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Monday, October 21, 2019

Lawmakers ponder reform

Blogger Comments:  So! What part of this issue do the lawmakers need to ponder?  In the state, we have 49 sheriffs that refused to comply with the request for their inmate food records.  Many of these sheriffs have abused the civil forfeiture to their advantage.  None more so than the previous sheriff of Morgan County.  The rules are more like a license to steal from citizens just as the inmate food fund guidelines the sheriffs used as a legal license to steal inmate food funds.

Alabama needs to get it together arrest and convict those who abuse their offices instead of giving them a slap on the hand.  You sure don't treat the citizens the same way.  The citizens need to take note of how well the white-collar politicians are treated in the judicial system and plead the Franklin defense, the Hubbard defense, or the Henry Defense.

We are proud that one of our own here in Morgan County who realizes that changes should be made and that citizen's property should not be seized prior to conviction.
Alabama Attorney General Steve Marshall has been named as the main defendant in lawsuits challenging the constitutionality of Alabama's civil asset forfeiture laws. (AP Photo/Andrew Harnik, File)

Halima Culley’s 23-year-old son Tayjon was arrested on Feb. 17 in Satsuma during a traffic stop in which police seized 21 grams of marijuana – less than an ounce -- and her 2015 Nissan Altima.
Tayjon’s case has since been disposed. He pleaded guilty to misdemeanor marijuana possession and was sentenced by a Mobile County judge to two years of probation plus fines, court costs and 25 hours of community service.
But Halima Culley’s car hasn’t been returned, and her tale is the latest to be introduced into a federal class-action lawsuit questioning the constitutionality of Alabama’s civil asset forfeiture system.
Under Alabama law, a law enforcement officer can seize property if there is probable cause to believe it is tied to criminal activity. The owner then has to enter civil court to litigate the permanent loss of the property, even if it wasn’t used by anyone connected to the property’s use was convicted.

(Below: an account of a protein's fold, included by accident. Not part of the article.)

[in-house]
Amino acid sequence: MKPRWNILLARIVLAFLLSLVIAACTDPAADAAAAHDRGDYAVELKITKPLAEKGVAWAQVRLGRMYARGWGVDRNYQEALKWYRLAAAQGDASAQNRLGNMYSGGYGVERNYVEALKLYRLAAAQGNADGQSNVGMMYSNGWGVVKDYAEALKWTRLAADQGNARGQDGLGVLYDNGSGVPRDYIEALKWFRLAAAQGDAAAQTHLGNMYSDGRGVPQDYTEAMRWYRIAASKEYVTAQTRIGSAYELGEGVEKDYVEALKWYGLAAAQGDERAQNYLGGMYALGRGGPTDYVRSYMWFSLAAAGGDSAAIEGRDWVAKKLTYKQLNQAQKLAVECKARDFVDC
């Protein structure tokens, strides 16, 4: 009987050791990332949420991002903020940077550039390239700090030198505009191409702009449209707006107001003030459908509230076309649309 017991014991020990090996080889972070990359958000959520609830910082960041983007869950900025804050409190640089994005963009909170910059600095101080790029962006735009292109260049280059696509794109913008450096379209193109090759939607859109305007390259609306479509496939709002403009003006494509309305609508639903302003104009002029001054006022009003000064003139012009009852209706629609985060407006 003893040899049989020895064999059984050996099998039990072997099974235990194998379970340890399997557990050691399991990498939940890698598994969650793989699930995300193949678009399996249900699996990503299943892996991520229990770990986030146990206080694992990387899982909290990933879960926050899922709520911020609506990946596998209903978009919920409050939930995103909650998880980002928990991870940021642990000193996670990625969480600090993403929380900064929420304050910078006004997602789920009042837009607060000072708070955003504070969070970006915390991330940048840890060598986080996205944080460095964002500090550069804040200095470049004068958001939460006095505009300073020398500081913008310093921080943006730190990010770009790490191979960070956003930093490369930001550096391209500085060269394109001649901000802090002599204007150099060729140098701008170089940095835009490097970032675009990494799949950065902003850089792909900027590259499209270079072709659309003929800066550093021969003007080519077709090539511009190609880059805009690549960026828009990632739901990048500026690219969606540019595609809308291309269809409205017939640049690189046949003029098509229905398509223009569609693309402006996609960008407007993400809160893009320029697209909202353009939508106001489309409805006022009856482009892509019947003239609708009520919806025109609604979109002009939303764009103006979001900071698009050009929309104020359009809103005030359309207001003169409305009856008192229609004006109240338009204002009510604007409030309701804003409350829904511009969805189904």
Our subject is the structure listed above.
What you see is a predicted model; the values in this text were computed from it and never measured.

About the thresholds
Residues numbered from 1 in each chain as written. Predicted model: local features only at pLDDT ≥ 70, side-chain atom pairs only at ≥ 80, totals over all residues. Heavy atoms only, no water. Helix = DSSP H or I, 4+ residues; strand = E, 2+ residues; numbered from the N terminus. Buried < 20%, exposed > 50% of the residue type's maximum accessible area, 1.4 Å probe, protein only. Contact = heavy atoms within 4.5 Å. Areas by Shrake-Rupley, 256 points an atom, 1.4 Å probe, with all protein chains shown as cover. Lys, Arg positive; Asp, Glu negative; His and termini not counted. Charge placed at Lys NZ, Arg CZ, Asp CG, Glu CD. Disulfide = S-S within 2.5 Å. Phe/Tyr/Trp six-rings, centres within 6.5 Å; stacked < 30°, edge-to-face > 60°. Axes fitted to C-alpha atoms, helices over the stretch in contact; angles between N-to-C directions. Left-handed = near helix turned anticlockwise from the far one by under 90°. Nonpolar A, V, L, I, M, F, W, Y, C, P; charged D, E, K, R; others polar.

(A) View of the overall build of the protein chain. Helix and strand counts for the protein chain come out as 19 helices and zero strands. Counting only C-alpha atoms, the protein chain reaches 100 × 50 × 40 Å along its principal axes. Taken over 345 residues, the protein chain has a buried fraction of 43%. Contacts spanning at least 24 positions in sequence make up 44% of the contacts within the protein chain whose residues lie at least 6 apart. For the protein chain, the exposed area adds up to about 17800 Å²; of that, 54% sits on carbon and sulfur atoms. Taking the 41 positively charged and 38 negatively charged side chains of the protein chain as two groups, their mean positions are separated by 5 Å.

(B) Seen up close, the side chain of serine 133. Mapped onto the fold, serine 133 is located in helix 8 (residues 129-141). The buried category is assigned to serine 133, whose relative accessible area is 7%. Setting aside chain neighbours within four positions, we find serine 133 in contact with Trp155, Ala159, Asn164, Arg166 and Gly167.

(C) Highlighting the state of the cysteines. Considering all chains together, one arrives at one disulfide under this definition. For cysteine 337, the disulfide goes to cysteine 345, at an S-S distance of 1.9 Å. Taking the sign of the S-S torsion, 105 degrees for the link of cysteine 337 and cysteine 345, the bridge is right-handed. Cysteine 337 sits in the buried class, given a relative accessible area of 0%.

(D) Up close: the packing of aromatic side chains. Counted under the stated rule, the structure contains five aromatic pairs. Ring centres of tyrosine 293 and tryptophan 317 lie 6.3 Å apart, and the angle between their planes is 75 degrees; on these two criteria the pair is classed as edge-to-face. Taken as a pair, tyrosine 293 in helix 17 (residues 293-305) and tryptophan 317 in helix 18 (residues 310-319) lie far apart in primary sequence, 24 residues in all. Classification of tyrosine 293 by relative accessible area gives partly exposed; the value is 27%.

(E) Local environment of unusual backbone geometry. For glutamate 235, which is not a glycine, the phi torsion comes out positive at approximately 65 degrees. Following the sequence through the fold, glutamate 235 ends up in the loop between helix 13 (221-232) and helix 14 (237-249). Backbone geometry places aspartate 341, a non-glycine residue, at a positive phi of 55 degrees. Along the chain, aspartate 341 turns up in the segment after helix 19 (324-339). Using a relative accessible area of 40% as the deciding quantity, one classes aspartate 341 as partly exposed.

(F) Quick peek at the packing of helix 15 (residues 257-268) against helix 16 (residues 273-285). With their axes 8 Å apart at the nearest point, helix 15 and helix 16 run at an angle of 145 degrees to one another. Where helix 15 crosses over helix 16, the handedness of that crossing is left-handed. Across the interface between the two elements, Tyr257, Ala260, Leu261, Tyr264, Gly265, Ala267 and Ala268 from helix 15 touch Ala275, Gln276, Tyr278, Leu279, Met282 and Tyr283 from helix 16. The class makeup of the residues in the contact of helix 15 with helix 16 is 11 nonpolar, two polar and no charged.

Alabama law awards 100 percent of the proceeds of successful forfeitures to the policing agencies doing the seizing and the prosecutors handling the cases. Critics of the law believe this creates a powerful incentive to utilize civil forfeiture as an extra revenue source.
In 43 states, police and prosecutors can keep anywhere from half to all of the proceeds they take in from civil forfeiture—a clear incentive to police for profit. Mississippi, for instance, doles out 80% of forfeitures to local police agencies. North Carolina mandates that all forfeited properties go to public schools.
Culley’s civil action was filed Sept. 23 in U.S. District Court for the Southern District of Alabama in Mobile. Her attorney, Allen Armstrong of Birmingham, also represents a client in a similar suit filed earlier this year involving a 2012 Chevrolet Sonic confiscated during a drug trafficking arrest in Leesburg.
In that earlier case, the Chevrolet’s owner -- Lena Sutton -- wasn’t in the car nor was she allegedly aware it would be used in connection with drug activity.
“It’s our hope local governments will think before they unconstitutionally seize property or that these governments be held accountable,” said Armstrong. “We may have to sue every municipality engaging in this practice on a class-wide basis, but it also (could) become a mass tort.”
He added, “We have so many police departments policing for profit. We have to end up suing everyone of them if they continue this unlawful practice.”
Constitutional or lacks merit?
Critics of the litigation, which include the Alabama District Attorneys Association, believe that such cases are part of a strategy to persuade a federal judge to invalidate Alabama law.
Culley’s lawsuit filed in Mobile names Alabama Attorney General Steve Marshall, Mobile County District Attorney Ashley Rich and the city of Satsuma as defendants.
Rich’s office deferred comments to the attorney general. Marshall is reviewing the lawsuit, according to a spokesman who provided no further comment.
Joseph “Jay” Minus, the attorney representing Satsuma, declined to talk about the specifics of the lawsuit other than to say it was a challenge to Alabama law “as opposed to the conduct of the city.”